Like a sine wave, my interest in hyper-earnest, ultra-cheesy shonen anime rises and falls as the years pass me by. I’m not sure if we’re experiencing a renaissance, or if reaching my early 30s has reawakened some cast-away penchant for bombastic heroism, but the fact of the matter is that shows like Attack on Titan and My Hero Academia have me in their thrall. Maybe I just like to indulge in the media equivalent of junk food every once in a while. For a craving like that, My Hero One’s Justice is just the ticket: It’s a noisy, colourful showcase of My Hero Academia‘s signature brand of superhero action that’s accessible to any fan of the show with a baseline understanding of fighting games.
The world of My Hero Academia is populated primarily by superhumans with “Quirks,” or special powers that typically manifest during childhood. These tend to be incredibly specific in terms of both mechanism and application; one character can make objects levitate, but only if she touches them first, while another can consume sugar to boost his strength while sacrificing his cognitive abilities. The main premise of My Hero Academia is that in a superhuman society, some people will naturally use their Quirks for evil, and so a curriculum for training would-be “heroes” exists to keep villains in check.
I mention all of this exposition because My Hero One’s Justice is a straight retelling of the anime on which it is based, beginning with season 2 and moving into season 3. This makes it an awkward point of entry for the uninitiated, and while its premise isn’t especially difficult to digest, it is jarring to start in the middle of an ongoing story. Existing fans like myself aren’t likely to wring much out of the game’s story mode for the same reason. Its hasty recaps of big events, told through static images pulled directly from the anime, leave much to be desired in terms of presentation. Those pining for new narrative content may want to focus on the My Hero Academia manga instead.
Yet the story is far from being the main attraction of My Hero One’s Justice. This one-on-one fighting game—well, three-on-three, if you count summonable sidekicks—pits popular faces from the My Hero Academia universe against one another in flashy bouts that showcase their bizarre superpowers. The gradual discovery of each character’s Quirk is one of my favourite aspects of the show, and it’s exciting to see how they translate to a proper fighting game. Every person in the roster feels totally different from the next; electric playboy Denki Kaminari lays shocking traps for his opponents, while raven-faced Fumikage Tokoyami commands his alter ego, Dark Shadow, to juggle enemies with fast-powered punches at medium range. It’s the sort of game that makes players and onlookers alike exclaim “whoooa!” when a character unleashes a particularly dazzling special move that leaves their opponent laying defenceless in a human-sized crater.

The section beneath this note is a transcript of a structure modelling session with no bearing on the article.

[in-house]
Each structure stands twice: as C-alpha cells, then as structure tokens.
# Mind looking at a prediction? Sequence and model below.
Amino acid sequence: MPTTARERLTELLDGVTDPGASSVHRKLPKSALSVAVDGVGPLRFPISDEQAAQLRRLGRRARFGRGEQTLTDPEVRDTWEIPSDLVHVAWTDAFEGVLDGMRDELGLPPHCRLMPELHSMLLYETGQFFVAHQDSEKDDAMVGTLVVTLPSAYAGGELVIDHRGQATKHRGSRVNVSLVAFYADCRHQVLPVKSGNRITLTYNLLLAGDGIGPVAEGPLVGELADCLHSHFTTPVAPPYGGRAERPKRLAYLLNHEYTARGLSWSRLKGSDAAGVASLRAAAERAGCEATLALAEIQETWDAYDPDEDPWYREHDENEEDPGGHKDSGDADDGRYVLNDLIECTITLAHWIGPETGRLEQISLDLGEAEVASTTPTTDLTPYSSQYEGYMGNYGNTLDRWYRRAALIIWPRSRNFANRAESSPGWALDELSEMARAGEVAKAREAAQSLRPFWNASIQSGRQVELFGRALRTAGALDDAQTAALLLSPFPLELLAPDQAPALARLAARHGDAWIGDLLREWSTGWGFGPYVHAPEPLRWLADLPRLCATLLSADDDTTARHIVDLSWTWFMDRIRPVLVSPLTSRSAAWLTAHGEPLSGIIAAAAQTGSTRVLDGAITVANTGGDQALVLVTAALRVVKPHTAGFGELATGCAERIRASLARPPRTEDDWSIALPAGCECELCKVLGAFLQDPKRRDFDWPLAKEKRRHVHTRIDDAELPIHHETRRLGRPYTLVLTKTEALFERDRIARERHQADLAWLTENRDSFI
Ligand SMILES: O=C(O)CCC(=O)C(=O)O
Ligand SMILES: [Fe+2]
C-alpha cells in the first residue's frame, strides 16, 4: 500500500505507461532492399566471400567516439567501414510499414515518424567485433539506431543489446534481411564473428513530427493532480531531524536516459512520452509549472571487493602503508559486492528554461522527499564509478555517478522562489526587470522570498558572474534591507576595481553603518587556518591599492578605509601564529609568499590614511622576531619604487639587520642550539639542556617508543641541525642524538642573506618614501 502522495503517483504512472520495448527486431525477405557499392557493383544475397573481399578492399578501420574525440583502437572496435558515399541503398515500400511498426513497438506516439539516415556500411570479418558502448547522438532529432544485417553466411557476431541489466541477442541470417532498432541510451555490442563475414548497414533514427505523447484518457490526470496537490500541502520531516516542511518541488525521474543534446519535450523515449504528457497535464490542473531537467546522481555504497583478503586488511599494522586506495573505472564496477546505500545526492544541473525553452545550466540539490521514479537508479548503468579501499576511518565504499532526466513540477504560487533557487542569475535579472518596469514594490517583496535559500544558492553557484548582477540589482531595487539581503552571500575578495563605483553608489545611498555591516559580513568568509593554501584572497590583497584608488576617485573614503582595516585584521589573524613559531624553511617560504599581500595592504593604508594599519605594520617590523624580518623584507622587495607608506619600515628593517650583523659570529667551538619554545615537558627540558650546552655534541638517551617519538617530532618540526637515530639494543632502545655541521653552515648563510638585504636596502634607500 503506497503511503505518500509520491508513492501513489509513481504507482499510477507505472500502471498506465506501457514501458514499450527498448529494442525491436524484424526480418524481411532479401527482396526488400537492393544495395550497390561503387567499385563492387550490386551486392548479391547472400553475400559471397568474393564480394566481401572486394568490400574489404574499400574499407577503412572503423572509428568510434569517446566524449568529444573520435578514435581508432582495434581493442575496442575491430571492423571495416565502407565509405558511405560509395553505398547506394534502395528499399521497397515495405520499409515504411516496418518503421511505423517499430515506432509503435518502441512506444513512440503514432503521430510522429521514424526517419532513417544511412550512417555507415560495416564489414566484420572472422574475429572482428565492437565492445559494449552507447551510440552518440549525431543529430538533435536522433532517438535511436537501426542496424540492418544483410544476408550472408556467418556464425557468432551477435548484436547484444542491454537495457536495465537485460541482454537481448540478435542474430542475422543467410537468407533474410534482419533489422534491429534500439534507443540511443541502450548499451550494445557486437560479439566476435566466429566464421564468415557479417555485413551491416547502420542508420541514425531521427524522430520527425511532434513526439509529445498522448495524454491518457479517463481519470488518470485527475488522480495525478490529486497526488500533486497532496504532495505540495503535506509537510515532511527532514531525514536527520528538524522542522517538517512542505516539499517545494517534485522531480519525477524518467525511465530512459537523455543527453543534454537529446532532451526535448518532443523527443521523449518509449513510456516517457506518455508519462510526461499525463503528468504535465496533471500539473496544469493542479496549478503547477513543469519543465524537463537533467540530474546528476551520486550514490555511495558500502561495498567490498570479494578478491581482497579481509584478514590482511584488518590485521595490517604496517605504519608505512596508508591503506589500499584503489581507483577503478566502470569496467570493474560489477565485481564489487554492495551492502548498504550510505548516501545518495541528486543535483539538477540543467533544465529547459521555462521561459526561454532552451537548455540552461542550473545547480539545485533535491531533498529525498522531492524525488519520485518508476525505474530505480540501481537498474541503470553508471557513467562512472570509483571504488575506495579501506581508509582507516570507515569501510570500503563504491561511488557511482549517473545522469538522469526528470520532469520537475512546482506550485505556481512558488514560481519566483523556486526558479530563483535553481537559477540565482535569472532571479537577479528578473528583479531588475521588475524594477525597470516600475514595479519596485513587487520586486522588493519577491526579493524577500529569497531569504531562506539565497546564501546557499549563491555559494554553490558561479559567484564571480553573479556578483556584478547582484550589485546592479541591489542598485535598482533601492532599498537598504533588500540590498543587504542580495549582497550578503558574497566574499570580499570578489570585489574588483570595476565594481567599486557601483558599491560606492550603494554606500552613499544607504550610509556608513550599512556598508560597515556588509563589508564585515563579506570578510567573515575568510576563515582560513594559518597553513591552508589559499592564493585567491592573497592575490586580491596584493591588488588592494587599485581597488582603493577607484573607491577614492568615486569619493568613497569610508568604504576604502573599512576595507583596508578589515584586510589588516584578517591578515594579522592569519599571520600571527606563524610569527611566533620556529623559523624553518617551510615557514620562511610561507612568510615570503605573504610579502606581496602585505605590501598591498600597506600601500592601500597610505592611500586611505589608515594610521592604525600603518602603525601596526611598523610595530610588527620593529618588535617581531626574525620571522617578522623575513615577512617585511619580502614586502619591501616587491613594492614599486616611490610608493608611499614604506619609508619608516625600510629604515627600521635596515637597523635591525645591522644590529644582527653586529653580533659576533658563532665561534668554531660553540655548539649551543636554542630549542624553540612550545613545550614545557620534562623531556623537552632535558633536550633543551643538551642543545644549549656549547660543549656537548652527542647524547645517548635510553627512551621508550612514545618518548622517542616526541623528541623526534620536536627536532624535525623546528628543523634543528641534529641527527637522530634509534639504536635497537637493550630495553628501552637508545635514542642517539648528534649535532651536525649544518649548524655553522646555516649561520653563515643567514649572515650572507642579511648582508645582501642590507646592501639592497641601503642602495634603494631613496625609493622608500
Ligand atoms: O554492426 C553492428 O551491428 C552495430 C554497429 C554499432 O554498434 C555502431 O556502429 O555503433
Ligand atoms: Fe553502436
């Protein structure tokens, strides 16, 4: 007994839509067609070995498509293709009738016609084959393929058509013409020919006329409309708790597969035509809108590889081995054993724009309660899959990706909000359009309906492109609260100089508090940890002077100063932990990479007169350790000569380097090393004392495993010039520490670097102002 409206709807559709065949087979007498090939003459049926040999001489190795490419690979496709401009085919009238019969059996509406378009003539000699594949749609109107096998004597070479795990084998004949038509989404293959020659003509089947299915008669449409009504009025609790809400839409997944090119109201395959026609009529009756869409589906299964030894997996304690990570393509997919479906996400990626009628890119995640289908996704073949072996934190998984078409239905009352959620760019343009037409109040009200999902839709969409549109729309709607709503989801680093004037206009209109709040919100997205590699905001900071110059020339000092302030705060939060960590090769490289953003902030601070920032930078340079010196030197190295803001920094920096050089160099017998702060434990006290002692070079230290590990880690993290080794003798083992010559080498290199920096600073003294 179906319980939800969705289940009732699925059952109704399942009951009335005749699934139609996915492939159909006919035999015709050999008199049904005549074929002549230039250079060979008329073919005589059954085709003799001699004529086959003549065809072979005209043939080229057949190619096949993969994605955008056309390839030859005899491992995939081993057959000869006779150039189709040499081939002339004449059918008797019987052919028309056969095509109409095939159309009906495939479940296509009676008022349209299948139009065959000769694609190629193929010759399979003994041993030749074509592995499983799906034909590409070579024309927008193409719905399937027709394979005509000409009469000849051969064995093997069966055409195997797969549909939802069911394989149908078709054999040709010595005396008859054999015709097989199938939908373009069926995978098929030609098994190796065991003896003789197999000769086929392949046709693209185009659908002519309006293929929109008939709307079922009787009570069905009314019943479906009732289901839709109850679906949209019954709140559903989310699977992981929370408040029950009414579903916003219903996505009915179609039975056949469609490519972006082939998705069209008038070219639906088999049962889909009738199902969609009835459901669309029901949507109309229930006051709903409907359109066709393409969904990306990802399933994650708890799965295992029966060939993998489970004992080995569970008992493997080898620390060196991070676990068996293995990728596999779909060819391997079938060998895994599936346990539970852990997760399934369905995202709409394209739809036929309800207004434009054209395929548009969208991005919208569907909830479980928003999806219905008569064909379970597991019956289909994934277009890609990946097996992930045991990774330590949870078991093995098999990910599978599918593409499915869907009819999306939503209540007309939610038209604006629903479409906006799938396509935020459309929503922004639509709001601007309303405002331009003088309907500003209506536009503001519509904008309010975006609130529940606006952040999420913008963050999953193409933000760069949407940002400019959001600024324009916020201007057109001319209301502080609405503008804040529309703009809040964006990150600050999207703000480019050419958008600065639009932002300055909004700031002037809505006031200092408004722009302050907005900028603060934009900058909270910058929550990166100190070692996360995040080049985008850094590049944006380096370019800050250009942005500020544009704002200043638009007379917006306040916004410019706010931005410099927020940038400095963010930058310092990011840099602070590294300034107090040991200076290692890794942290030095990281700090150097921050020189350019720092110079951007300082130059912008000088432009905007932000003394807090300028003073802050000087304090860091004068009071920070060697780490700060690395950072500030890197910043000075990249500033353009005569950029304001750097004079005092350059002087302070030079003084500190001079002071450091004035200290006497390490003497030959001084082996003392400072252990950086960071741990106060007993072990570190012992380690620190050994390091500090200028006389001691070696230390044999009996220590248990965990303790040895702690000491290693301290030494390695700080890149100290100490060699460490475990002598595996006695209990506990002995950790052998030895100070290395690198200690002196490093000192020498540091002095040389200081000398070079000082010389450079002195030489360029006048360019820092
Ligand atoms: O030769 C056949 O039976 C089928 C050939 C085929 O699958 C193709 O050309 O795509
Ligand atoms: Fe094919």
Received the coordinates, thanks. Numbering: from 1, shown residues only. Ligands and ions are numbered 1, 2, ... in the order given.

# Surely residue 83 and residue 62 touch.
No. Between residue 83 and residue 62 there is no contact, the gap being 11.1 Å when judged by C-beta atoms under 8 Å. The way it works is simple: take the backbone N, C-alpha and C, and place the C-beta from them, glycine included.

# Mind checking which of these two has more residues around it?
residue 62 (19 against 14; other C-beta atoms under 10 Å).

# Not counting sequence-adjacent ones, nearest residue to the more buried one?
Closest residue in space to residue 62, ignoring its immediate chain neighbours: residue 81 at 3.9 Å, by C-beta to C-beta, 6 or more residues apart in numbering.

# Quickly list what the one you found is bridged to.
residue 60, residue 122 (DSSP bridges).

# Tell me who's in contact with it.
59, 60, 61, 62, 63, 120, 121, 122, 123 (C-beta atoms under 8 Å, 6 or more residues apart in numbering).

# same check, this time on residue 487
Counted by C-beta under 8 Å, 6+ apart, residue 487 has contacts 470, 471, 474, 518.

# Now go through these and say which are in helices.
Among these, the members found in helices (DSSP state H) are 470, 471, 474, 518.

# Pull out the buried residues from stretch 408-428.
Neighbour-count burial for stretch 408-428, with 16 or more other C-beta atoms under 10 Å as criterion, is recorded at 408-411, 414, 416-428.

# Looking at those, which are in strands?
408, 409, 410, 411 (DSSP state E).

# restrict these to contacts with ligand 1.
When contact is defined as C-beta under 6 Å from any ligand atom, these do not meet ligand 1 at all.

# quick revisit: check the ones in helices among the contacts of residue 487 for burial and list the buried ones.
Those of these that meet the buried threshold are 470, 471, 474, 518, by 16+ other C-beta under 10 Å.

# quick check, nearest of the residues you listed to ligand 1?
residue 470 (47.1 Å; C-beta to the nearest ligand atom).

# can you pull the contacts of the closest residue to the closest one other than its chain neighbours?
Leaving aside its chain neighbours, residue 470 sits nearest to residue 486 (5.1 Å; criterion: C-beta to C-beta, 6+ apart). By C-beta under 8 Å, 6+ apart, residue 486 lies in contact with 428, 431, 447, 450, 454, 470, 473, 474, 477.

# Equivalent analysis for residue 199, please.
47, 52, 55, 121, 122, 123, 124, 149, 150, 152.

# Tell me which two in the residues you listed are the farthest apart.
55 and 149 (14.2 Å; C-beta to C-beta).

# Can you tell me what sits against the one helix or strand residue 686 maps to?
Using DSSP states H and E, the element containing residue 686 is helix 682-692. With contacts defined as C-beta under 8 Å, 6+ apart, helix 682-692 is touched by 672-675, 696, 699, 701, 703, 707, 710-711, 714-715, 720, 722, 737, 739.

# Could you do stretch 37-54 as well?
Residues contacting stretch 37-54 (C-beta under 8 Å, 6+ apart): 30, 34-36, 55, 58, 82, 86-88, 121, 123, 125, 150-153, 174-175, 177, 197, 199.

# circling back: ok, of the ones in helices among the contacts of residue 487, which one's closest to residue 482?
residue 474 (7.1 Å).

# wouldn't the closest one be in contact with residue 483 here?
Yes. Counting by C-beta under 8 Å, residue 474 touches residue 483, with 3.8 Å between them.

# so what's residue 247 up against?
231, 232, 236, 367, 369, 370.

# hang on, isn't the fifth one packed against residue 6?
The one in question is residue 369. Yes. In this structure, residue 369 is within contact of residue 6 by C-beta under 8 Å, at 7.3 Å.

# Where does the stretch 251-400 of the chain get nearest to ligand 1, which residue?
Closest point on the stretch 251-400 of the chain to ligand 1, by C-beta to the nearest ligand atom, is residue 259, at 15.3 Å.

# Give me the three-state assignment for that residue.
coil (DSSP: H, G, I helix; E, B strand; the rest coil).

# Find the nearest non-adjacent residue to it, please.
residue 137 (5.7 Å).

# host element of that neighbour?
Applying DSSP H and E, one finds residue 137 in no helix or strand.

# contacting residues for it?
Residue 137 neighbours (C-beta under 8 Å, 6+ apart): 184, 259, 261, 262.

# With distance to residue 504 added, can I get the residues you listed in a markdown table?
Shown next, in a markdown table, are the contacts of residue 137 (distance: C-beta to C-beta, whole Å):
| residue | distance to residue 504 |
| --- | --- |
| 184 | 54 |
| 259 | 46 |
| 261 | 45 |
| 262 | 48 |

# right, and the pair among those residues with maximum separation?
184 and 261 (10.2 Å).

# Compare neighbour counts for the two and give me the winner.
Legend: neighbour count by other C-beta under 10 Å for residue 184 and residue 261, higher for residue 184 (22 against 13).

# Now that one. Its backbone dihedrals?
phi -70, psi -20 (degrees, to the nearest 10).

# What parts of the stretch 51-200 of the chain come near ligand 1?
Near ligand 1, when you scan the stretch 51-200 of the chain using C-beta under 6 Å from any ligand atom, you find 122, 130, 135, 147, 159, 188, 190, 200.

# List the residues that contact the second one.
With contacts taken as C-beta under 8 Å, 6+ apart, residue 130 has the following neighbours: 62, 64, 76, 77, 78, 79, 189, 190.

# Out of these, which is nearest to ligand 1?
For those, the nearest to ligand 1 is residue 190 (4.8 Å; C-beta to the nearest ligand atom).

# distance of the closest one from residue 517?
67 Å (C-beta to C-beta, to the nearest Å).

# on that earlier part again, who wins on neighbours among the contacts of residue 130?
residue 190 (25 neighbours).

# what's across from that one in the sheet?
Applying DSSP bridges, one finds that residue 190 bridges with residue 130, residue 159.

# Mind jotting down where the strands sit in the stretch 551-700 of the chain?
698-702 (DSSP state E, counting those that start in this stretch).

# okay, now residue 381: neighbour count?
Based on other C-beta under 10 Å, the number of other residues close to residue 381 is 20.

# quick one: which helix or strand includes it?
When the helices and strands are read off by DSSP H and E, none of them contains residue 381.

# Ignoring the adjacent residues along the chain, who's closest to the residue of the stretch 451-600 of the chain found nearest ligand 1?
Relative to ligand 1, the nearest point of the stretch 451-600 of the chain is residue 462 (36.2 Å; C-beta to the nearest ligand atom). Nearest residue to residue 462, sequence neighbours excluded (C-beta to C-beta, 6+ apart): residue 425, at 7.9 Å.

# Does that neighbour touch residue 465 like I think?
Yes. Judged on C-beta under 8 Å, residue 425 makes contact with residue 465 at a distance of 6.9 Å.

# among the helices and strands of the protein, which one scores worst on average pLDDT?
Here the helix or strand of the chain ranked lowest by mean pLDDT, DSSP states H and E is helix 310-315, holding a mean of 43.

The “wow” factor generally makes up for the lack of technical depth in My Hero One’s Justice. That’s not to say there isn’t any strategy to employ, but a relatively limited move pool for each character and floaty physics keep things on the more accessible end of the fighting game spectrum. There are three attack buttons, including a standard strike that continues into an auto-combo if the player continues pressing the button and two Quirk buttons with effects that vary from character to character. Technicality comes into play with the passive attributes certain moves possess, like super armour (allowing you to endure an enemy’s strike while attacking) and “grabs” that break through an enemy’s guard, though these don’t always take the form of literal grappling techniques. The superhuman nature of My Hero One’s Justice‘s characters means that their Quirks often have additional wrinkles, such as Tomura Shigaraki’s ability to create dead zones on the field with his decay powers, or Eijiro Kirishima’s hardened skin adding super armour to almost all of his attacks. In my experience, My Hero One’s Justice is far more interesting to play against a human opponent thanks to the mind games made possible by its mechanics. CPU battles tend to fall flat and opponents can be easily exploited.
In case it isn’t yet clear, My Hero One’s Justice is squarely aimed at fans of the show. Continuous play unlocks cosmetic customization options and slogans for the player’s online profile, as well as genre-standard fare like an artwork gallery. One unusual caveat: A huge chunk of the unlockable content is tied to character voice clips, which would otherwise be unremarkable, but My Hero One’s Justice only features Japanese voice acting, and there are no subtitles for battle cries. I find this vexing on two levels; one, the excellent English dub for My Hero Academia has been an integral part of my engagement with the show, and two, I can’t imagine non-Japanese speakers wringing much enjoyment out of voicework they can’t understand. At the very least, providing subtitles would have been an acceptable compromise.
The best way to have fun with My Hero One’s Justice is to grab a fellow fan of the show and go to town in the local Versus mode. If that isn’t an option, the game’s rudimentary Mission, Story, and Arcade modes provide a smattering of objectives to keep solo players busy until the cracks start to show. It’s not the deepest game around, but sometimes it’s nice to kick back with a competitive fighter that trades complexity for plus-ultra anime zaniness.